The two recent acts of censorship-by-murder in Europe—first at the offices of Charlie Hebdo in Paris, and then at a free-speech debate in Copenhagen—have put the continent's political classes in a pickle.
For as much as European rulers want to, and do, condemn the brutal actions of these Koran-thumping offense-takers, the fact is they also share something in common with them: a devotion to shushing and sometimes punishing those who offend people's sensibilities.
There's only so much distance the elites of Europe can make between themselves and these cartoonist-loathing shooters. For while our elites might not summarily execute people for the crime of being offensive, they do arrest them, and put them on trial, and occasionally jail them. All of which are acts tinged with menace, underpinned by the threat of violence, where it's understood by all that if any of these offense-givers were to dodge arrest or jump jail they could be restrained by force. It isn't only Islamo-censors who use violence to silence—all censorship, by its nature, is violent.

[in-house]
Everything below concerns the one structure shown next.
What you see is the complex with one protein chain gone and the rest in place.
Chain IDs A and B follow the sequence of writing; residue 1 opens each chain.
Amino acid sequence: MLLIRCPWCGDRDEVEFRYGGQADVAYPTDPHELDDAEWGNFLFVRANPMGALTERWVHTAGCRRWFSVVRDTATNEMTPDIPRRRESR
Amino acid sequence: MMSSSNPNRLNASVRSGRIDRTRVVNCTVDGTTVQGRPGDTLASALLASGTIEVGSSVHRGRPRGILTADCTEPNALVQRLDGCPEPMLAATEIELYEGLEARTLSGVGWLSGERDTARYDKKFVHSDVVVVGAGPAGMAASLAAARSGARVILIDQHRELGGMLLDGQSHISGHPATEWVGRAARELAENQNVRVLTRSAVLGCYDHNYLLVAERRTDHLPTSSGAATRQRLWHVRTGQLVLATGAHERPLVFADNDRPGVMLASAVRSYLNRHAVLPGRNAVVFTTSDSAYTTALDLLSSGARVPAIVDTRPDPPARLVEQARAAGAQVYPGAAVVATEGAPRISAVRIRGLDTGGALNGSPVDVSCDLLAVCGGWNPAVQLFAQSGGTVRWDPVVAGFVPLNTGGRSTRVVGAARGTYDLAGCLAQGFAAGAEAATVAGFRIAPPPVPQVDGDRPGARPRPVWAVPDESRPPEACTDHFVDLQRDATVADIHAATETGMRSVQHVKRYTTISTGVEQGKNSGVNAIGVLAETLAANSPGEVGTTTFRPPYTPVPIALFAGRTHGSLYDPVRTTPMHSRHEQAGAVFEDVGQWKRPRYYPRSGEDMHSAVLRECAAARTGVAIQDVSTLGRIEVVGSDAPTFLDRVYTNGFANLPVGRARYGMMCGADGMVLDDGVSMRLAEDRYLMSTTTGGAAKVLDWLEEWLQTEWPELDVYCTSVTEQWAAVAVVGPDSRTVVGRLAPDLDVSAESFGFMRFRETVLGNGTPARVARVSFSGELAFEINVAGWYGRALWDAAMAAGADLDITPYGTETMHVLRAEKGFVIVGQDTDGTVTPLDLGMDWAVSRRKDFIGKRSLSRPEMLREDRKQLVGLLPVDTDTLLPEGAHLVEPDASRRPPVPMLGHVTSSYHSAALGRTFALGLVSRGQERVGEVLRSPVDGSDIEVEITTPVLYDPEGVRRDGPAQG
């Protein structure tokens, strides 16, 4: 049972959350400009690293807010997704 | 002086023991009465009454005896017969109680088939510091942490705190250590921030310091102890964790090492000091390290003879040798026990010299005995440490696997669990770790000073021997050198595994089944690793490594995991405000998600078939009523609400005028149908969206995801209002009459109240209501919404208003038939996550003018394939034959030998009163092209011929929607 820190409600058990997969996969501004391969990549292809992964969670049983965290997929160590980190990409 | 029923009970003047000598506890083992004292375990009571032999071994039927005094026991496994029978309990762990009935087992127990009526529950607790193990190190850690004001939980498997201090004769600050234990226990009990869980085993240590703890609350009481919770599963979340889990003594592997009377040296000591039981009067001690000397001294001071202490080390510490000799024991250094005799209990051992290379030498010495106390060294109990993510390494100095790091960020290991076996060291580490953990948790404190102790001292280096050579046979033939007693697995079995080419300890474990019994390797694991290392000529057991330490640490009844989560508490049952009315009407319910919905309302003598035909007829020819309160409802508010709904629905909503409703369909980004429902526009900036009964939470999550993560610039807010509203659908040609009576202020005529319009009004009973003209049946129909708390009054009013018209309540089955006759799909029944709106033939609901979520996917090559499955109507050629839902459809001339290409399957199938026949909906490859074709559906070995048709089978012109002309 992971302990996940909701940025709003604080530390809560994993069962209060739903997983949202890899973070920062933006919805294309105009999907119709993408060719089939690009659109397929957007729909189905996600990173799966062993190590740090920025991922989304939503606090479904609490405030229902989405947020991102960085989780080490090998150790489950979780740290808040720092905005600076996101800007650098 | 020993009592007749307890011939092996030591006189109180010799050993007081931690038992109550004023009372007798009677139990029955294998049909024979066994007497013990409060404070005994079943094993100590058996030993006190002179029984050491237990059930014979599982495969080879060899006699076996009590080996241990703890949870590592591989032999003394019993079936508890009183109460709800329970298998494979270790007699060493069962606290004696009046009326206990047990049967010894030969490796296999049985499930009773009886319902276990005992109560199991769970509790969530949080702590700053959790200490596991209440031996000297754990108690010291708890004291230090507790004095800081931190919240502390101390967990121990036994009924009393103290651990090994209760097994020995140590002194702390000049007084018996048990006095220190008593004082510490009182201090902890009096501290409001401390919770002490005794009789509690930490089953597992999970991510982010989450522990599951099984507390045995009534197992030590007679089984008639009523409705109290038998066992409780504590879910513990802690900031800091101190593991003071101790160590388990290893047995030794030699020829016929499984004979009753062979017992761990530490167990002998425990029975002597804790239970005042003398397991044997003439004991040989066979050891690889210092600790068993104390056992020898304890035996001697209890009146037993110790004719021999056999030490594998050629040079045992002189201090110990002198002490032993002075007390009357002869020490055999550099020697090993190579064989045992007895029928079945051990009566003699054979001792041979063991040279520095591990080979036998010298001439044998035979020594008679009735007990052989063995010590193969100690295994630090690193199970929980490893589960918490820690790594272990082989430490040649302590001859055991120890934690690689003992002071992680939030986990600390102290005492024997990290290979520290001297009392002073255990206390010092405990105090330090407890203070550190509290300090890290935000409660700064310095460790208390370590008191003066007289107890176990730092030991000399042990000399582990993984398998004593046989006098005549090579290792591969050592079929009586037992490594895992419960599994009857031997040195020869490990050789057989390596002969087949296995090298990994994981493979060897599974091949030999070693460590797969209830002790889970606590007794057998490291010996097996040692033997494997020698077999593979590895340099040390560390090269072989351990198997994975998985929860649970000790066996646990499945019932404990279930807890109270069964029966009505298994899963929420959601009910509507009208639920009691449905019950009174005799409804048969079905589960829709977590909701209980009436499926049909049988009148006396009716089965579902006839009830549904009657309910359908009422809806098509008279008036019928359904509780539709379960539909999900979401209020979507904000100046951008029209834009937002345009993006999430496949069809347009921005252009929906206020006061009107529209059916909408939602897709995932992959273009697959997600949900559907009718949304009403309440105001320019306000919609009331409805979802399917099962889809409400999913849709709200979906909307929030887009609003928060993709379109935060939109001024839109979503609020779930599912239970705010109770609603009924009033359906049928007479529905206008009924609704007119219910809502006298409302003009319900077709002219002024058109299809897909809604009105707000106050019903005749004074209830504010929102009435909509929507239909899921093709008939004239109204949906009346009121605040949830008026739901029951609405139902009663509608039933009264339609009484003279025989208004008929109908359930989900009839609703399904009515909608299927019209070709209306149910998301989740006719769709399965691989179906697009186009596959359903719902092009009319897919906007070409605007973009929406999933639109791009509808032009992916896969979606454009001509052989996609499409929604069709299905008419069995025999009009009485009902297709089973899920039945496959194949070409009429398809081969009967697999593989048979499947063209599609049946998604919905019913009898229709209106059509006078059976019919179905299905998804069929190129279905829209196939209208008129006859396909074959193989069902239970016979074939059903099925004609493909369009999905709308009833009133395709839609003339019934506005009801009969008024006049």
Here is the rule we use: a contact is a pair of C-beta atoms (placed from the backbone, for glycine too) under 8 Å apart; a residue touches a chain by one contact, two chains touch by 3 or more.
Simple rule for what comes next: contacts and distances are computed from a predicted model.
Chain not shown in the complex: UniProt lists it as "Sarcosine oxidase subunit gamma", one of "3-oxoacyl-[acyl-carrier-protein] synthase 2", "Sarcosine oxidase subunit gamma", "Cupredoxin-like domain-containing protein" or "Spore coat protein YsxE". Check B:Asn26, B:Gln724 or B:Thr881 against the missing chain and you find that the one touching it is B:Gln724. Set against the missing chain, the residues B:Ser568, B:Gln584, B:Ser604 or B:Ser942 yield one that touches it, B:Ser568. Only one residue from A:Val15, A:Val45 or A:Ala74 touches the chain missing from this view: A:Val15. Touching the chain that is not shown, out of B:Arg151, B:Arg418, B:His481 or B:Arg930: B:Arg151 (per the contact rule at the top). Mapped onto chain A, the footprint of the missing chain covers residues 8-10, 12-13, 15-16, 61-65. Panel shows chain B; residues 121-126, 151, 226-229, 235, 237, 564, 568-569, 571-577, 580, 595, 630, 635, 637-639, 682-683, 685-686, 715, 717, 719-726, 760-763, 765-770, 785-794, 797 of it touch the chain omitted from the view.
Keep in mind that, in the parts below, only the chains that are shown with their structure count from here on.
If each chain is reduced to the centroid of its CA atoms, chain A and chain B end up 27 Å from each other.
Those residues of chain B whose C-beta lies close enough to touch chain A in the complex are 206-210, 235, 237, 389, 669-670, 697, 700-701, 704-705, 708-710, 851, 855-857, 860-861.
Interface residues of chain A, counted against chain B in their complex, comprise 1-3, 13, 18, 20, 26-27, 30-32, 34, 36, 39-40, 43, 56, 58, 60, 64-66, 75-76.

The awkward fact of a shared outlook between the opinion-forming set and the killers of cartoonists surfaced once again following the shoot-up of a debate about Islam and free speech in Copenhagen at the weekend.
The smoke from the gunfire had barely disappeared before cagey columnists were saying that if we don't want to get killed then we should stop offending people. A writer for the Guardian said Copenhagen should remind us of the "obligations…upon those who wish to live in peaceful, reasonably harmonious societies"—primarily the obligation to "guard against the understandable temptation to be provocative," especially by publishing Muhammad-mocking cartoons. Shorter version: to avoid being shot, zip your lip. The Guardian writer is effectively doing the shooter's dirty work for him, spelling out in words what the shooter said with bullets: if you offend, you might die, so don't do it.